As October rolls into northcentral Pennsylvania, anglers start to chatter.
If it starts with, “I am heading to New York for some salmon fishing,” it’s likely the next words out of most fishermen’s mouths are: “Where? Oak Orchard?”
Oak Orchard is a river in Genesse County, N.Y. It dumps into Lake Ontario, which offers lots of sport fishing opportunities.
The river is most famous for its coho and chinook salmon, brown trout and steelhead.
In Pennsylvania, rivers such as the Susquehanna and Tioga are mighty, big and wide.
Oak Orchard looks more like a creek, meandering through the high banks of New York, often only inches deep.
I ventured to the town of Point Breeze, N.Y., which now is known as “America’s Ultimate Fishing Town.” It received that title in June by the World Fishing Network.
If you want to see a shiny trophy showing the town’s status, visit a small business called Narby’s Superette and Tackle on Oak Orchard Road, right along the water.
Owned by Sharon Narburgh, the superette isn’t your typical gas station/convenience store. Sure, it’s full of drinks, snacks and some souvenirs, but in the back is a small tackle shop. There you can pick up licenses, lures, bait and even have your own fly tied.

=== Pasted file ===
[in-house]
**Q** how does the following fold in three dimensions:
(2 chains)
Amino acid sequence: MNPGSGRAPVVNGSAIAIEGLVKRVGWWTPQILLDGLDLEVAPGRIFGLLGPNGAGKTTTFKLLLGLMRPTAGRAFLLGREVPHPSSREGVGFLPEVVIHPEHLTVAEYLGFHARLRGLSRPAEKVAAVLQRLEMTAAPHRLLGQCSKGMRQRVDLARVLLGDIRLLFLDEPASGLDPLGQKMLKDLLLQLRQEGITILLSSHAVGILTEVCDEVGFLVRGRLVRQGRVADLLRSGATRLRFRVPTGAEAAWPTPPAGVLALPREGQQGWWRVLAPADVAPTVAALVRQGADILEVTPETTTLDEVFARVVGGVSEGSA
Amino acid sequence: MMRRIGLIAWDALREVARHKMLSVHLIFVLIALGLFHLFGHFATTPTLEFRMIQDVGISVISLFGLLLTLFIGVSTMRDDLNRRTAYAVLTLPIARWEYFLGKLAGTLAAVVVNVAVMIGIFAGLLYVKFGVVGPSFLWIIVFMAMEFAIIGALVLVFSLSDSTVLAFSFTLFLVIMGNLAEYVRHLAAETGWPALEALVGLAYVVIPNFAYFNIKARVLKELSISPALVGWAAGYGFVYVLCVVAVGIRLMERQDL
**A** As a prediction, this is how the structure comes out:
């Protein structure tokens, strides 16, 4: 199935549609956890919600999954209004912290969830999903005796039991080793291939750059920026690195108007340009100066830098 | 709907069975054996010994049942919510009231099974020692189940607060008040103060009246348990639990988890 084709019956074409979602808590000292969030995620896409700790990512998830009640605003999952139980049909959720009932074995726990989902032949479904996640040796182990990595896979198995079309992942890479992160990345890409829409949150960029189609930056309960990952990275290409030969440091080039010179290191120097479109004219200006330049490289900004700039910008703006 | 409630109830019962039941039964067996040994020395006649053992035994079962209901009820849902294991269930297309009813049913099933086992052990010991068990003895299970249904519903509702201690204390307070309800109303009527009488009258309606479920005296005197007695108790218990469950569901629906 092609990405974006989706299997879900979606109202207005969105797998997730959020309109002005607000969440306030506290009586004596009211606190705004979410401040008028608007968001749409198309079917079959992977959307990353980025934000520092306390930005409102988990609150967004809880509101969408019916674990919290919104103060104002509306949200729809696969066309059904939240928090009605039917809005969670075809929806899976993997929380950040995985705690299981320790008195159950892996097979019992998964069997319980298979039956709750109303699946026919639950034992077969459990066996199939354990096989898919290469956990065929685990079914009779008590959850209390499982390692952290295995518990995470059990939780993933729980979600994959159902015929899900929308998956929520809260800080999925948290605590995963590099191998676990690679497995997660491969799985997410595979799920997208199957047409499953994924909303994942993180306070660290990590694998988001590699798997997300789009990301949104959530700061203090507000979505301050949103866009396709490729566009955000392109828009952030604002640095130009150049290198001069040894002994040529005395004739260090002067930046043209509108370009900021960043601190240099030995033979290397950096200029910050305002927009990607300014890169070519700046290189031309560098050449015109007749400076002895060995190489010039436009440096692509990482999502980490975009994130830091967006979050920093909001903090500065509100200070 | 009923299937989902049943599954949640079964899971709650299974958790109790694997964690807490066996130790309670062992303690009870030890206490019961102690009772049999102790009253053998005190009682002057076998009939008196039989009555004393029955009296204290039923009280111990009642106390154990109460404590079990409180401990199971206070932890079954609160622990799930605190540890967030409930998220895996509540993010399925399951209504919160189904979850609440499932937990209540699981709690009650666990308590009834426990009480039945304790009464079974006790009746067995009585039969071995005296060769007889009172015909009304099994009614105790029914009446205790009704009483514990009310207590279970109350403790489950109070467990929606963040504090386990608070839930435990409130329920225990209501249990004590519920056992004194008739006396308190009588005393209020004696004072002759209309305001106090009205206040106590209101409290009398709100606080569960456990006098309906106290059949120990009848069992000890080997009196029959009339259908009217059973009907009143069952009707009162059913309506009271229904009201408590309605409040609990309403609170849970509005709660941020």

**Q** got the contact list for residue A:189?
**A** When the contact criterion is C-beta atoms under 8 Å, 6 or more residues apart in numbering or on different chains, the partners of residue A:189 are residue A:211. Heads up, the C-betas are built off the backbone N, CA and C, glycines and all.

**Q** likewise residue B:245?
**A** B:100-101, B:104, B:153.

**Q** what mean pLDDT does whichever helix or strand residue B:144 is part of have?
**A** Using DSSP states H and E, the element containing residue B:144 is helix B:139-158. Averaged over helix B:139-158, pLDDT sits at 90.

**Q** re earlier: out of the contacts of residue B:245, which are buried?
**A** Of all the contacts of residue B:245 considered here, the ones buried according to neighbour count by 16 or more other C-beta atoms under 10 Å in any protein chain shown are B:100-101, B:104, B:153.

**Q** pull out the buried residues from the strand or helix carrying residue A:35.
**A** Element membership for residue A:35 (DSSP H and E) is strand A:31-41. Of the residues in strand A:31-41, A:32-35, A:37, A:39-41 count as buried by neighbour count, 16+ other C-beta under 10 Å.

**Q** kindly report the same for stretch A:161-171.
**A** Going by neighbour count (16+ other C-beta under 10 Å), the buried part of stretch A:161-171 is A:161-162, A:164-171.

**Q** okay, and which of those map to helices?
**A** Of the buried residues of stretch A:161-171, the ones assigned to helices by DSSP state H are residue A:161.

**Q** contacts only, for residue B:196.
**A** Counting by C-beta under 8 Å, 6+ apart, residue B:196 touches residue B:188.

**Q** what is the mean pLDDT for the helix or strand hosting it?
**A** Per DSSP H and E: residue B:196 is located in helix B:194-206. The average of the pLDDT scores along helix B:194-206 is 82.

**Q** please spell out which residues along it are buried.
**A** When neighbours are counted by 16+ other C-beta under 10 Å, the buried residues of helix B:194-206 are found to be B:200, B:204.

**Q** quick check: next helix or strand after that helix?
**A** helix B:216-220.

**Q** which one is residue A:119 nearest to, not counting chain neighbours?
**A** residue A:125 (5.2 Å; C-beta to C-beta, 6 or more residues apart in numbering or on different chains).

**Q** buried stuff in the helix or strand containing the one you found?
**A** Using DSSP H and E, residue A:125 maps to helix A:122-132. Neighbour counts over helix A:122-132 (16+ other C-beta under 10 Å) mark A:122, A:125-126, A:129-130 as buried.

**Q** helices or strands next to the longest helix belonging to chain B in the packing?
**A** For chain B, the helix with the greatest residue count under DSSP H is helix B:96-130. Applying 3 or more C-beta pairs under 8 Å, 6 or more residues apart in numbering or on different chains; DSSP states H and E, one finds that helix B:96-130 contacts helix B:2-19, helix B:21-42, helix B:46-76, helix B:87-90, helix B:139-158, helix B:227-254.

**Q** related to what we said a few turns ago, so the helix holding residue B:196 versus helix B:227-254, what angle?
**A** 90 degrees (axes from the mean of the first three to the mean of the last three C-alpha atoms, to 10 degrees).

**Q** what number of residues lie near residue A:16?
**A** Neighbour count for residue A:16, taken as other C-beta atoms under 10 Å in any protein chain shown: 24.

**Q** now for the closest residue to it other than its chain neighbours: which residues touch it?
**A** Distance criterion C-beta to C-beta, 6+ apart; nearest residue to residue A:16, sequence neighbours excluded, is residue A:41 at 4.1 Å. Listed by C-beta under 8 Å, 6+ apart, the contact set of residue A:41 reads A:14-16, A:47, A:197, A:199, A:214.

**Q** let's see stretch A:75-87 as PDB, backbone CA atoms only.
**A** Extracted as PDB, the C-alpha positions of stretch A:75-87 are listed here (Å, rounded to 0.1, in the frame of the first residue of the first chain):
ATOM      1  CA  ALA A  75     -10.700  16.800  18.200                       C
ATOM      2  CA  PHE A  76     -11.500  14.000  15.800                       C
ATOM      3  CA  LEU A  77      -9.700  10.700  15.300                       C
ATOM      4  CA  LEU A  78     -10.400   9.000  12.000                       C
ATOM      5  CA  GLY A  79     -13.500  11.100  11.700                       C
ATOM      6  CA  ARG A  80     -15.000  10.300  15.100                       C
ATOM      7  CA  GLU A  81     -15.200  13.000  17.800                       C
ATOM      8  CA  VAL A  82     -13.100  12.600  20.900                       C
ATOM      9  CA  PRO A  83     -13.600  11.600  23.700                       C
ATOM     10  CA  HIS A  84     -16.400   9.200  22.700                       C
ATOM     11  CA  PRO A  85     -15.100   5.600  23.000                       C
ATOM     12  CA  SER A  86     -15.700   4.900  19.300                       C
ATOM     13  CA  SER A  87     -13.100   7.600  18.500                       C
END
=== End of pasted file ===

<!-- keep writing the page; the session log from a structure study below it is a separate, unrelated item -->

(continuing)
A trophy board and scale are posted just outside the door. Anglers come in to weigh their “slobs” or “toads” – nicknames for big fish – and to check for any trophies that may have been caught.
First time fishing
At this time of year, from early October until early November, salmon run up
tributaries from the lake to begin a journey to spawn, and then die.
The most common fish caught in the waters I fished were chinook, also called king, salmon. They are very sought after but are not native to New York state. According to the New York State Department of Environment Conservation (DEC), about 1.8 million salmon are stocked in the state’s waterways.
This was my first time salmon fishing, although it wasn’t the first for my fishing partner, my husband, Tim.
He has been coming here with his family since he was 16. His first trip was a birthday request he made to his father to take him to Point Breeze, N.Y., to fish for steelhead, and that is just what they did. The family returned year after year.
I had no high hopes to catch anything. I was more concerned about not falling in and spending the rest of my day soaked and cold.
The temperature was very mild and the first day out, we headed to a small tributary off of Oak Orchard called Marsh Creek, where the salmon are well known to run.
Before the trip, Tim checked the fishing reports and called “the hotline,” which tells anglers if the salmon are running and gives reports on brown trout, which can be found in the same waters as the salmon.
Brown trout also are stocked and sometimes can be found migrating with salmon. This tributary also is well known for some nice brown trout catches.
As we walked to the creek, the fall beauty showed in bursts of color in the trees. The air smelled of autumn.
With our waders on, we just walked into the water.
I believe there is a technique to this kind of fishing.